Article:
That said, it’s super easy to find a fund or ETF expense ratio. If you log in to your account, you likely will see links for “fund facts,” or fees, and on that page the expense ratio will be clearly listed. Or plug a fund’s ticker symbol into a search engine, and the top return will be a data box that includes the expense ratio.
It’s worth the time to make an expense ratio inventory check of all your investments. If you’re investing in funds with expense ratios of more than 0.50% or so you might be missing out on an opportunity to earn more by paying less.
A low-cost target to consider
In the same State Street Global Advisors survey, participants who reported they felt they understood expense ratios said that an annual expense ratio of no more than 0.60% should be considered as “low cost.”
That is a serious overshoot. There are many low-cost index mutual funds and ETFs that charge 0.10% or less. In its most recent survey of fund fees, Morningstar said the average asset-weighted expense ratio for U.S. stock index funds was 0.09%. For a taxable bond fund the average was 0.10%. International stock index funds had an average charge of 0.20%.
As the State Street report points out, anyone who thinks 0.60% is a good deal, is off by a magnitude of 6x.
It’s actively managed mutual funds that are more expensive. The asset-weighted average is 0.66% according to Morningstar. Keep in mind that reams of data over every possible time frame have shown that it is extremely rare for actively managed funds to consistently deliver returns that exceed a comparable index fund.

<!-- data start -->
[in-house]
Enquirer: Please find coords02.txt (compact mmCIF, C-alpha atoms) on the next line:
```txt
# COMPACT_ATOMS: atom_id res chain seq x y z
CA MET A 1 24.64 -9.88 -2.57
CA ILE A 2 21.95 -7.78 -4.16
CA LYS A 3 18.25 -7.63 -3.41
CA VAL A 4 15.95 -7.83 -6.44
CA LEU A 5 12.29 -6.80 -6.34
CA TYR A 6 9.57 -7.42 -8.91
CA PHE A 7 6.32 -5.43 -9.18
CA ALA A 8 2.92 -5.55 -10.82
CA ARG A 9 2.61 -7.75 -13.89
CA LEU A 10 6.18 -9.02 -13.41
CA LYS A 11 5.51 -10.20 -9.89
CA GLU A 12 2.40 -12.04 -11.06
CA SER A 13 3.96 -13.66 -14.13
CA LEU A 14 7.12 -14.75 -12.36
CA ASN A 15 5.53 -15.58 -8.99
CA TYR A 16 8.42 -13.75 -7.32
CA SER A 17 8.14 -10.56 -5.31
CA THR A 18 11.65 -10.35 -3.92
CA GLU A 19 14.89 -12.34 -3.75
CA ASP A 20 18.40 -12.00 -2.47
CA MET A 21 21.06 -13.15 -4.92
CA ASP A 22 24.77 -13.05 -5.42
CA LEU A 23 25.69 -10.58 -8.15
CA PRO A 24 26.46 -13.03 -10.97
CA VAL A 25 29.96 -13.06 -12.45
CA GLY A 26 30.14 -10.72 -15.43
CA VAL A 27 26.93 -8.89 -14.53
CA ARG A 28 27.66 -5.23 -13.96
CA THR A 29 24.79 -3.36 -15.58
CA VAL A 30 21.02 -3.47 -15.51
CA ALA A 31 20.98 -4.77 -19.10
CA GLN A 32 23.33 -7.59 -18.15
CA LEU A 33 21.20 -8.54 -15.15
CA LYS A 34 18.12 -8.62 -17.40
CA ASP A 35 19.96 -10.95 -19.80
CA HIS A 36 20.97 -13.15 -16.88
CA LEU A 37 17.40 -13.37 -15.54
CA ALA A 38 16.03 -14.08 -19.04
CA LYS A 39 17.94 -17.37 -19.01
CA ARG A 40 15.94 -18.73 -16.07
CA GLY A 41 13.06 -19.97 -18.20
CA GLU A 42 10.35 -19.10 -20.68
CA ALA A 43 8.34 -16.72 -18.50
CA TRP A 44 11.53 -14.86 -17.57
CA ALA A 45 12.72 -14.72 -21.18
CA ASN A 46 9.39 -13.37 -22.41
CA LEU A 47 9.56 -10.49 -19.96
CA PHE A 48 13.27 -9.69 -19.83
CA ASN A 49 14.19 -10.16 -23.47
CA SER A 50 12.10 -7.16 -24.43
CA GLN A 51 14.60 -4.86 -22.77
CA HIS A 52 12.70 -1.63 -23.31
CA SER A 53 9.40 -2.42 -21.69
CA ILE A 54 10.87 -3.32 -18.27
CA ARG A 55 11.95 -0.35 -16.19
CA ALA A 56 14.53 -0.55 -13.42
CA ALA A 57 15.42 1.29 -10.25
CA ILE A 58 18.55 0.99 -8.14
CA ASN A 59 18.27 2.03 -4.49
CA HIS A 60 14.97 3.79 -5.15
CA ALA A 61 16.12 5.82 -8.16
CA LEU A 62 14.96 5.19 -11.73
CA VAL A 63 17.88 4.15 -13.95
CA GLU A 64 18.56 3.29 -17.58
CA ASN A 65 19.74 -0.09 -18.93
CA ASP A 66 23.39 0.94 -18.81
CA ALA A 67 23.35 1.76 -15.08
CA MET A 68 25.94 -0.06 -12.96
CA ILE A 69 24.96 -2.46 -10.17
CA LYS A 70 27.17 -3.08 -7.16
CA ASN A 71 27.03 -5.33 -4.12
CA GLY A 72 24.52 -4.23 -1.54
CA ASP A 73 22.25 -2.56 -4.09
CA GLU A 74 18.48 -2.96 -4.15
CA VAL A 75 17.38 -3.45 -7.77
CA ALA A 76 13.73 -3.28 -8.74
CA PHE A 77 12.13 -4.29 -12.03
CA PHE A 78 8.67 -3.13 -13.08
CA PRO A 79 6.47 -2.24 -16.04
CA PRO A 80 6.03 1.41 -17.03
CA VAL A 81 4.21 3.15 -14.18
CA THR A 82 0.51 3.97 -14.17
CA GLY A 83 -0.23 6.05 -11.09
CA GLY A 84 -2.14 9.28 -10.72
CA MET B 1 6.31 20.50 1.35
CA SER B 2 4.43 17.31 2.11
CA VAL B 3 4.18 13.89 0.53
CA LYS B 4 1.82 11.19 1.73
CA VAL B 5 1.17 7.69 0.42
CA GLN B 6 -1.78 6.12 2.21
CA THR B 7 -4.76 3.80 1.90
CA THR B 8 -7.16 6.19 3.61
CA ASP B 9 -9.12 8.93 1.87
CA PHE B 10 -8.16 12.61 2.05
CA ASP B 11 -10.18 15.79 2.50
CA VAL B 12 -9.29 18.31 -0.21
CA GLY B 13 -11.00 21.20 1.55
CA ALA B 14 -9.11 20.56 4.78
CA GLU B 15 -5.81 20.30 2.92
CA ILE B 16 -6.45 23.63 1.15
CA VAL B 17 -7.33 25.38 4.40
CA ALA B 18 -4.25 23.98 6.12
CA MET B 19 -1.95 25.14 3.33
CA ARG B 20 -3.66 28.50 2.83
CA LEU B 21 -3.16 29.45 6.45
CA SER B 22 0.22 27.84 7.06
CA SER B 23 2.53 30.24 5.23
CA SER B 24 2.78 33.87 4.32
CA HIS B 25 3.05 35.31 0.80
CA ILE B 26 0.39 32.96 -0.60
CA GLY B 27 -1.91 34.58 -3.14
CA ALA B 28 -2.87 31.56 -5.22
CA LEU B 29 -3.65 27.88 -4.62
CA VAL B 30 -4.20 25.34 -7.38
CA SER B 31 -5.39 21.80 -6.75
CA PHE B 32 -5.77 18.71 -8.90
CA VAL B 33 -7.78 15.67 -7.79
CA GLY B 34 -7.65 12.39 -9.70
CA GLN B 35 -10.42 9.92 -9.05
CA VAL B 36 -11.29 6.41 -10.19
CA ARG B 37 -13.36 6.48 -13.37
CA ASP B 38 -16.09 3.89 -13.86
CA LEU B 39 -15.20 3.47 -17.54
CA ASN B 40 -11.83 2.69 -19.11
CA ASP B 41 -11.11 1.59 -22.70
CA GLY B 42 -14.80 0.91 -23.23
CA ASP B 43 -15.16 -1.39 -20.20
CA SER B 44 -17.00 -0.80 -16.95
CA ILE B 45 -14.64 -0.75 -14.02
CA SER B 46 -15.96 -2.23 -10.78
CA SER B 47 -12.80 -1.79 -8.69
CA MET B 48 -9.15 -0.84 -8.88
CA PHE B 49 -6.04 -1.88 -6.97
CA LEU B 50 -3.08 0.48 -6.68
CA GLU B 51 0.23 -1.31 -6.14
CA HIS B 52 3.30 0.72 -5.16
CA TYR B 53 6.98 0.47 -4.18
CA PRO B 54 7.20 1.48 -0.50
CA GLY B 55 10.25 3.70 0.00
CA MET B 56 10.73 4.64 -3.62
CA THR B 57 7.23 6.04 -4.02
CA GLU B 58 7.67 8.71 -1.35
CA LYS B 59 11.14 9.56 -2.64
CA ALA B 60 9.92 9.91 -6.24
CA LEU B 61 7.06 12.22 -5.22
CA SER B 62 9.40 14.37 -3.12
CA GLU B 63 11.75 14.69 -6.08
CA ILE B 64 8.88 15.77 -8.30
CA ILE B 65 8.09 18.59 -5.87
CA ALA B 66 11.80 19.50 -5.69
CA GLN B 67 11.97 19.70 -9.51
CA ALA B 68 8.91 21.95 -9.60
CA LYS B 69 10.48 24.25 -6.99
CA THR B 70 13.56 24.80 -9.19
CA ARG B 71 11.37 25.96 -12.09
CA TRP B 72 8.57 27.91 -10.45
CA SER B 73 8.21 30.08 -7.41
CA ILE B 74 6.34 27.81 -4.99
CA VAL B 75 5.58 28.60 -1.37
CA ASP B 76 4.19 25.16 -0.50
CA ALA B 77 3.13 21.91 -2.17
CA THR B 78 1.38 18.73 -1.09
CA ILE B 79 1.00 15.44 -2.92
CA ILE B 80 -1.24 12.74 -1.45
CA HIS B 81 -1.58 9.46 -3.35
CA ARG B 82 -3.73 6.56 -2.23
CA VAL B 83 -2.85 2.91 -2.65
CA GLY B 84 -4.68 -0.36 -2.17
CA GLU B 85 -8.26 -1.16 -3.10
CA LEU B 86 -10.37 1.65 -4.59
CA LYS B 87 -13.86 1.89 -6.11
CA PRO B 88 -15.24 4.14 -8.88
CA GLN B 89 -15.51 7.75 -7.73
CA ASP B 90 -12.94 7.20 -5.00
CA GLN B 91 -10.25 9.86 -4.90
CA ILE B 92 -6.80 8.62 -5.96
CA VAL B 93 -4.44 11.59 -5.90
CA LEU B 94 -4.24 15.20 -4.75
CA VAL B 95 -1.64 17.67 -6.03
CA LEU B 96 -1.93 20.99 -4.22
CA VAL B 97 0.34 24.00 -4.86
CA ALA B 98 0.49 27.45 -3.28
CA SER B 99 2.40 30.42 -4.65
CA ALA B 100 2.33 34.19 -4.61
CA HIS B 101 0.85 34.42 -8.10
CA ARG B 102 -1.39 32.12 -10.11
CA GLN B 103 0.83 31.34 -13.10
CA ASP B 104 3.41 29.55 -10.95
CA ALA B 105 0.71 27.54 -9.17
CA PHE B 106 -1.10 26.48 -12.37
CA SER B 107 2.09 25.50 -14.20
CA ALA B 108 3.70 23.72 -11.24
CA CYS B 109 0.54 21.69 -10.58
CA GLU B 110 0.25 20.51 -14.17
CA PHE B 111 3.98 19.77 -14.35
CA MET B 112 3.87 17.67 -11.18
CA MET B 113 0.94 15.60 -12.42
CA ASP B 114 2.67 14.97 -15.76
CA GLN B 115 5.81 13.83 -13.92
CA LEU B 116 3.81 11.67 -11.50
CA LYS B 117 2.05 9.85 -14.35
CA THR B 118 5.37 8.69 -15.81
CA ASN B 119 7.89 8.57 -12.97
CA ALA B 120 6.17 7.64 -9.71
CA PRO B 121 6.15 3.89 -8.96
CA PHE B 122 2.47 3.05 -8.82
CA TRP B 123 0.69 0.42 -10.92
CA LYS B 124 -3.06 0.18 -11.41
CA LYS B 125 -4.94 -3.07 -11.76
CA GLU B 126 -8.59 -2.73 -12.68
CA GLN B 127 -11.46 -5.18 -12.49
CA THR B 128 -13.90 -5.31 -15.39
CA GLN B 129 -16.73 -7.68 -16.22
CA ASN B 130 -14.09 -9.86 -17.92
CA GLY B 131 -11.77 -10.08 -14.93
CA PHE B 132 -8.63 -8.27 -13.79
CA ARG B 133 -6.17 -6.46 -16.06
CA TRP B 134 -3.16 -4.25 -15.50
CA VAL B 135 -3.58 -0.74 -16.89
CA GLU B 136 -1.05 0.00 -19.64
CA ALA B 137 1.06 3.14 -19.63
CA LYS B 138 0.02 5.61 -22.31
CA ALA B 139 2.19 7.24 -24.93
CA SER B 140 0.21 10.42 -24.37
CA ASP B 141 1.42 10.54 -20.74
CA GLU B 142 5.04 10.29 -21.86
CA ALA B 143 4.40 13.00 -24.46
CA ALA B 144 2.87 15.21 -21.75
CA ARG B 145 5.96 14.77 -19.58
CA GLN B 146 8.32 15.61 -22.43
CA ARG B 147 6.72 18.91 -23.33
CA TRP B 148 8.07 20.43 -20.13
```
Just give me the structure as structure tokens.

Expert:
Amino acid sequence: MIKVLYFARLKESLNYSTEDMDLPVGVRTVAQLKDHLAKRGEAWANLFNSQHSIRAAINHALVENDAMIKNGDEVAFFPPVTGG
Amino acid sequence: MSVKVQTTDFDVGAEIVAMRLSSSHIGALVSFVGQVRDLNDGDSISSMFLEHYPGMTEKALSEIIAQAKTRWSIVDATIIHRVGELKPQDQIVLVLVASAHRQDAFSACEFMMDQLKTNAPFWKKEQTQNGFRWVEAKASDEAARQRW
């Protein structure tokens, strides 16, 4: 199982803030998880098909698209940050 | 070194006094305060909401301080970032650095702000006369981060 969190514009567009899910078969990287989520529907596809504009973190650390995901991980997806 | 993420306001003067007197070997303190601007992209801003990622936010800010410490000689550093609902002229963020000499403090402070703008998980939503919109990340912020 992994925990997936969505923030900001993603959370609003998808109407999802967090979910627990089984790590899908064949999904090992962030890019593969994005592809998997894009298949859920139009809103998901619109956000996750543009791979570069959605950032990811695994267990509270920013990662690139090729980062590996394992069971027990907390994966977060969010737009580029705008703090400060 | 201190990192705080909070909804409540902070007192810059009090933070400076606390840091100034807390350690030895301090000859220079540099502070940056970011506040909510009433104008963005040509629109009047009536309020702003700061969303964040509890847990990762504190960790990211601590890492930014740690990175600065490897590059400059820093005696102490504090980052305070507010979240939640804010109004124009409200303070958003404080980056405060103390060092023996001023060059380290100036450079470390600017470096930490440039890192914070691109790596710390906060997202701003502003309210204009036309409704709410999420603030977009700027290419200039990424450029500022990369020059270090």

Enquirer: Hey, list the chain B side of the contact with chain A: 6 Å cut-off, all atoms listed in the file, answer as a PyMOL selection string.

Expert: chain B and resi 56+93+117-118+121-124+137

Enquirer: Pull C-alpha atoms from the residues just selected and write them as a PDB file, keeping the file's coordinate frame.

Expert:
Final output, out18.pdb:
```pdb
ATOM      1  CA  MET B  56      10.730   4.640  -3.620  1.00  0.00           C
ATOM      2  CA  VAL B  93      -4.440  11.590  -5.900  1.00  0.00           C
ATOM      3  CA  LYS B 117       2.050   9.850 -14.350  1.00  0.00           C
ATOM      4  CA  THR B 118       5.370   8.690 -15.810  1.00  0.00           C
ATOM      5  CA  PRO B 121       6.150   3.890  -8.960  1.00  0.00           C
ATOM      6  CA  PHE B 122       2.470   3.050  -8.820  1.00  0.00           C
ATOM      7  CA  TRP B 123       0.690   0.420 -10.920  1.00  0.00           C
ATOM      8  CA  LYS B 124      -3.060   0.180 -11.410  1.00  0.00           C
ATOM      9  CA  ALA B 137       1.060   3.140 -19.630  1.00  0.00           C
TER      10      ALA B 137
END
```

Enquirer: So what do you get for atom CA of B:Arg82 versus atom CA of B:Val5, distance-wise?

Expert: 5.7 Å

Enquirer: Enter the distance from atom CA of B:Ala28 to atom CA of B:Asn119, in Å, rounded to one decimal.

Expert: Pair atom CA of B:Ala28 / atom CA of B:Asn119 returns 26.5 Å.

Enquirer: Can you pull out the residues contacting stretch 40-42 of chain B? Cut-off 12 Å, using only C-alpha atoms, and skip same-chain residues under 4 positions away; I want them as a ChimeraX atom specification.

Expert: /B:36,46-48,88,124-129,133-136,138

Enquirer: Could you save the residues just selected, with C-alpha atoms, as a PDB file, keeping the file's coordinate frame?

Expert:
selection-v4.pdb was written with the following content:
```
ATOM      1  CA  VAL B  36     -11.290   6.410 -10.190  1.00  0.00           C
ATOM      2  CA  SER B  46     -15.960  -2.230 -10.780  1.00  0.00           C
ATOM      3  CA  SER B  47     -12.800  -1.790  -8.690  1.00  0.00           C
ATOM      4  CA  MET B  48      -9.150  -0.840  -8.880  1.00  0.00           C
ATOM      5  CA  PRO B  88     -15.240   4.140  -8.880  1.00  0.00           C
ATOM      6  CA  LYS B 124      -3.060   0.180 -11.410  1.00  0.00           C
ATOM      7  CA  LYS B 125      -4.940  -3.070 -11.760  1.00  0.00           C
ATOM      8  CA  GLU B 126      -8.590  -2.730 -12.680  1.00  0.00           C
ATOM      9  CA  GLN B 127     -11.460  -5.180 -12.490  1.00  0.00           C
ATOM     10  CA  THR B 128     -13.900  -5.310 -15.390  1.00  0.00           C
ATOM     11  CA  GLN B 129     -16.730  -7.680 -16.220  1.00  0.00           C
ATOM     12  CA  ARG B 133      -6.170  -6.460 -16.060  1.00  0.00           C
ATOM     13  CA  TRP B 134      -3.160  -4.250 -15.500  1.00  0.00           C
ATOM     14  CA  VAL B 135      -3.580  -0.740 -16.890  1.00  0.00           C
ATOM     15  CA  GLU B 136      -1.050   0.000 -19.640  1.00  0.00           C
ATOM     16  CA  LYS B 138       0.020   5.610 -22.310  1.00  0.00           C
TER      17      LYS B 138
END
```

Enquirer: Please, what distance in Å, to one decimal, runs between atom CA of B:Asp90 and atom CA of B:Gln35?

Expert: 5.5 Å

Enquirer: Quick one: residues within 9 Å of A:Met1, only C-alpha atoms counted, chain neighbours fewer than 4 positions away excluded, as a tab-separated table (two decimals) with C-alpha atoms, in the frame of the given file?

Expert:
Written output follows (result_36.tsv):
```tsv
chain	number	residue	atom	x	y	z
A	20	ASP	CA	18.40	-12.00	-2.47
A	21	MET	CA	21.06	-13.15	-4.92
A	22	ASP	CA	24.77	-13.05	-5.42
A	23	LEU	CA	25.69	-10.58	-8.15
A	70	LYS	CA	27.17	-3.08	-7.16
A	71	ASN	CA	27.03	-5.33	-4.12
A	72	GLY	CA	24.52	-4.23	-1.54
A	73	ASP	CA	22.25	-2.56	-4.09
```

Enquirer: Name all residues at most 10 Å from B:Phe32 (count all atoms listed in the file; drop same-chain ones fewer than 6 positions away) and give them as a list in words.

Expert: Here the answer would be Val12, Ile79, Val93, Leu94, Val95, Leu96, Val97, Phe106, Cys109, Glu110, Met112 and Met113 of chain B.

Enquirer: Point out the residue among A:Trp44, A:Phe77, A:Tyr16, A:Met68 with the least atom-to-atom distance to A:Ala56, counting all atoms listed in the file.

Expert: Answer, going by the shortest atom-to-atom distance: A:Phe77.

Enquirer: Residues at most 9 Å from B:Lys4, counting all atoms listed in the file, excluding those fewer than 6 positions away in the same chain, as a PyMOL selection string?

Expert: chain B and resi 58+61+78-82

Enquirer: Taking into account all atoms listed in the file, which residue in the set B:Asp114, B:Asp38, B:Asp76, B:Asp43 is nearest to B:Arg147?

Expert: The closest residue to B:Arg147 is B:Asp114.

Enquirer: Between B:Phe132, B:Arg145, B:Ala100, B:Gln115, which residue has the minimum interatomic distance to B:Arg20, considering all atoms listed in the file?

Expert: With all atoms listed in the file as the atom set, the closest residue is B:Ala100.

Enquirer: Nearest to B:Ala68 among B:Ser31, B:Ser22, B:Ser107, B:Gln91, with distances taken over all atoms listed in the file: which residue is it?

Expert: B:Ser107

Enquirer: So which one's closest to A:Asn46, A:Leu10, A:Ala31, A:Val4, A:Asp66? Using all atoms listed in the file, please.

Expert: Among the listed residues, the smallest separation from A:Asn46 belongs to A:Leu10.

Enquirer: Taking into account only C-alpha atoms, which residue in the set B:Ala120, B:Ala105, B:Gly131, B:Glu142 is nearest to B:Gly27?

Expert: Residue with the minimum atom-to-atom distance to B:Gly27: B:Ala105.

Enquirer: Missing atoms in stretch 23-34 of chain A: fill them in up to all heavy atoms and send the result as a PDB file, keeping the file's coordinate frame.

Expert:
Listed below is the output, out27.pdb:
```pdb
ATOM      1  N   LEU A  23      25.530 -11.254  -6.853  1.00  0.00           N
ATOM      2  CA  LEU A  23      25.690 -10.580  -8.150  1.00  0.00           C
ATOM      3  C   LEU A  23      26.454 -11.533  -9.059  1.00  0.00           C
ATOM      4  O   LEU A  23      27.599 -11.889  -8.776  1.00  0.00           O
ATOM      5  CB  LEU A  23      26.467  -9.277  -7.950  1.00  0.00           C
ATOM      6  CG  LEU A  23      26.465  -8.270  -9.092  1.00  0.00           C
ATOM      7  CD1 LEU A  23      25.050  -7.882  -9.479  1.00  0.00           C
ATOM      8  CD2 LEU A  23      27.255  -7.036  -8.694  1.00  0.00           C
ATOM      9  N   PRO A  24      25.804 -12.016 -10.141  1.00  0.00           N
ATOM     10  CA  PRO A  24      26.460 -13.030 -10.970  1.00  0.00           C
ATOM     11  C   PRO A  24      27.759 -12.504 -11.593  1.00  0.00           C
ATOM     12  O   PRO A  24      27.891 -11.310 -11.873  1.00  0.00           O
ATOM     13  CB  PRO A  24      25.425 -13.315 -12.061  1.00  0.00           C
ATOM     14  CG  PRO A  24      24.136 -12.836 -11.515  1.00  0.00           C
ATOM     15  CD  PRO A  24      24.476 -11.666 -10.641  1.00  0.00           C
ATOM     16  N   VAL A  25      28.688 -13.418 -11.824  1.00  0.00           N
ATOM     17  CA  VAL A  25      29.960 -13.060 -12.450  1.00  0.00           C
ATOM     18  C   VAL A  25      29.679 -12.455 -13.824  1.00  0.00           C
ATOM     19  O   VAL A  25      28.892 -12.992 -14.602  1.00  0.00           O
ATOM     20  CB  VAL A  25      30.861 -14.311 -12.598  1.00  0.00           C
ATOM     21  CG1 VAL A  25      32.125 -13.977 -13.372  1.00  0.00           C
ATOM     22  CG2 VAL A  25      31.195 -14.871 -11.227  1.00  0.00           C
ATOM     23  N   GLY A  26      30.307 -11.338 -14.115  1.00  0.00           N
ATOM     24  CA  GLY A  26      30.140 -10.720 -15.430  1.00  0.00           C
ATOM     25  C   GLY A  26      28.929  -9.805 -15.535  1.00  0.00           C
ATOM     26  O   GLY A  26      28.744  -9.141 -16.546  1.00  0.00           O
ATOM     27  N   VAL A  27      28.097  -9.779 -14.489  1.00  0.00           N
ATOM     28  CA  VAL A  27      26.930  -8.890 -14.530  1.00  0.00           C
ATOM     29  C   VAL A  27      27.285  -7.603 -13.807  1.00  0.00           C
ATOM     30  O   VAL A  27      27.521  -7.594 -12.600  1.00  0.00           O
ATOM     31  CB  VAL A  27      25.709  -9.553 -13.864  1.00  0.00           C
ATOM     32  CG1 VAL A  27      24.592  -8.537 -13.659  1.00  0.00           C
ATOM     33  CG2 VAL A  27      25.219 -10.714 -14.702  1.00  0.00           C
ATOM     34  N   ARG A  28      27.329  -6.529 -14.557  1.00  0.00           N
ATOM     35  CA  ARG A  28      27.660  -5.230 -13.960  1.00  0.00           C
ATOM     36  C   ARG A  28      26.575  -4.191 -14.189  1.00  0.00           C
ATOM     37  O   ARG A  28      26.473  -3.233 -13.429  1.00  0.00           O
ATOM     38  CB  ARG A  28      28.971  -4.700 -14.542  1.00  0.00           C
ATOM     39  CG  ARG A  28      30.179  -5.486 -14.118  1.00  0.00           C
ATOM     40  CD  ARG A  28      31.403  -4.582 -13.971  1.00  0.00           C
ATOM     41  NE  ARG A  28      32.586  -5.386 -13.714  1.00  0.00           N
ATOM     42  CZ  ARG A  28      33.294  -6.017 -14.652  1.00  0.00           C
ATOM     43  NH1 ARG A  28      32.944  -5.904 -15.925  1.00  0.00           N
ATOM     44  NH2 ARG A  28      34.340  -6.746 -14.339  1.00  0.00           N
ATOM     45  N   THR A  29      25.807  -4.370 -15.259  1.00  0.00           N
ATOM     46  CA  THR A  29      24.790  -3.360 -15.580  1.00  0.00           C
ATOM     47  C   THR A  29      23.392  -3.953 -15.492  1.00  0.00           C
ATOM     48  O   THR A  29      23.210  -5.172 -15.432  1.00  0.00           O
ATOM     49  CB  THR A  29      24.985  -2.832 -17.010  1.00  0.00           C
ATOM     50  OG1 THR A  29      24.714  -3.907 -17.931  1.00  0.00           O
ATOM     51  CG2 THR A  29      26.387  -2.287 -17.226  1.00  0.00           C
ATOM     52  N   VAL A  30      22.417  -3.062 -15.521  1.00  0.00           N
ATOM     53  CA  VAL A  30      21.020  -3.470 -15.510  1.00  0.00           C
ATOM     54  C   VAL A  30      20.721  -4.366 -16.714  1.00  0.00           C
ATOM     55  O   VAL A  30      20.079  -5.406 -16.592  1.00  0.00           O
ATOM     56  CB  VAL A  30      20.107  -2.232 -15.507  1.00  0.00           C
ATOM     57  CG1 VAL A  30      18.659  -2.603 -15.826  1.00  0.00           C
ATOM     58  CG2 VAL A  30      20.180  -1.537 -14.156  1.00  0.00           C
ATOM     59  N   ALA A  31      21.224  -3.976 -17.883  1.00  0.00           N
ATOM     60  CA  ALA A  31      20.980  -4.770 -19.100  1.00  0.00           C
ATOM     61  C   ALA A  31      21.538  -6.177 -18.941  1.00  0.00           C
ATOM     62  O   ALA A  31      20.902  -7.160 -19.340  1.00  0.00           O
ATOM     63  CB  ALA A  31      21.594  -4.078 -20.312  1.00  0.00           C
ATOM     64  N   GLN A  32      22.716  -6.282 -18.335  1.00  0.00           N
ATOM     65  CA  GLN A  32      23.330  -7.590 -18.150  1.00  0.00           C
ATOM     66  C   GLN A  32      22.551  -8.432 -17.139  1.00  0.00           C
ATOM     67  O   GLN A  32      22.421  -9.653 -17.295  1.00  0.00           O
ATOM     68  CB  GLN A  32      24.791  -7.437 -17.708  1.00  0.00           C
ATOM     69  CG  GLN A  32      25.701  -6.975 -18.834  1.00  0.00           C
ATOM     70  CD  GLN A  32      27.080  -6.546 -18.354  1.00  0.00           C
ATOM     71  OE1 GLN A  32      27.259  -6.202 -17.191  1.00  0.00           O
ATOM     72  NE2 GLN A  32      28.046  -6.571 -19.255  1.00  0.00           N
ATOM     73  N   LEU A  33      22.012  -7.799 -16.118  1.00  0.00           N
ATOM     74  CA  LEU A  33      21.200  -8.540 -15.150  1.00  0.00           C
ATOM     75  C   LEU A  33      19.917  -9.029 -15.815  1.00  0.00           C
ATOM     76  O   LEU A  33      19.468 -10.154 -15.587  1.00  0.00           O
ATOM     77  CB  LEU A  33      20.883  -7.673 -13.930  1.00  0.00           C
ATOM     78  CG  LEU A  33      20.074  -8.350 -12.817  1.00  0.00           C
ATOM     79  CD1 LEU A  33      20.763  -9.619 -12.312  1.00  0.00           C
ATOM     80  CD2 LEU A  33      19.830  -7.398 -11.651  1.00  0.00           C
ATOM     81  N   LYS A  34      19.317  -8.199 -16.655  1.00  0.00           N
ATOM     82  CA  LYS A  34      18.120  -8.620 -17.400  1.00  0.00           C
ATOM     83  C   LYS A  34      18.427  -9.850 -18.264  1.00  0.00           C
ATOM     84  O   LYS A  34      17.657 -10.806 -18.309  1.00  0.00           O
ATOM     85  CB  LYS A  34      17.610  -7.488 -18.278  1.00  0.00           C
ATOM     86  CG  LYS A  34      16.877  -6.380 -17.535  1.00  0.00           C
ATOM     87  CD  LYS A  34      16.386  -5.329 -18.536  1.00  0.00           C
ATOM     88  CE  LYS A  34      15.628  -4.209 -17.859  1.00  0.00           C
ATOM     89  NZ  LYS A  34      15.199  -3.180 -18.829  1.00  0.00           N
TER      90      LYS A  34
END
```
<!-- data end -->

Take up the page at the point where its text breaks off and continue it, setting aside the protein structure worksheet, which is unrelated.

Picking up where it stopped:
Making more by paying lower expense ratios
If your investing is confined to a workplace retirement plan, see if there are low-cost index funds offered. You can move money inside a workplace retirement plan (or an IRA) from one fund to another without any tax bill.
If there are no index funds in your workplace plan with expense ratios below 0.30% or so, that’s a signal you’ve got a subpar plan. That said, you always want to contribute at least enough to get the maximum company matching contribution. But beyond that amount, you might want to consider doing additional retirement investing in an IRA where you are free to choose the lowest-cost index funds or ETFs.
If you own expensive funds in regular taxable accounts, you will want to be careful with how you proceed. Exchanging shares of one fund for another will trigger a capital gains tax if the fund shares you are selling are higher than what you paid, or higher than the reinvested value of any dividends and capital gains the fund made in any given year.
Log in to your account, and with a few clicks on the website you can likely get an estimate of your potential tax for selling. You don’t have to sell all the shares at once. The goal is to think through the value of paying tax now to reap the long-term benefit of reinvesting the money in super low-cost funds or ETFs that will leave more money in your pocket.
If you don’t want to deal with a tax bill right now, you can start taking advantage of low-cost index funds and ETFs by directing all fresh investment dollars into the cheapest portfolios.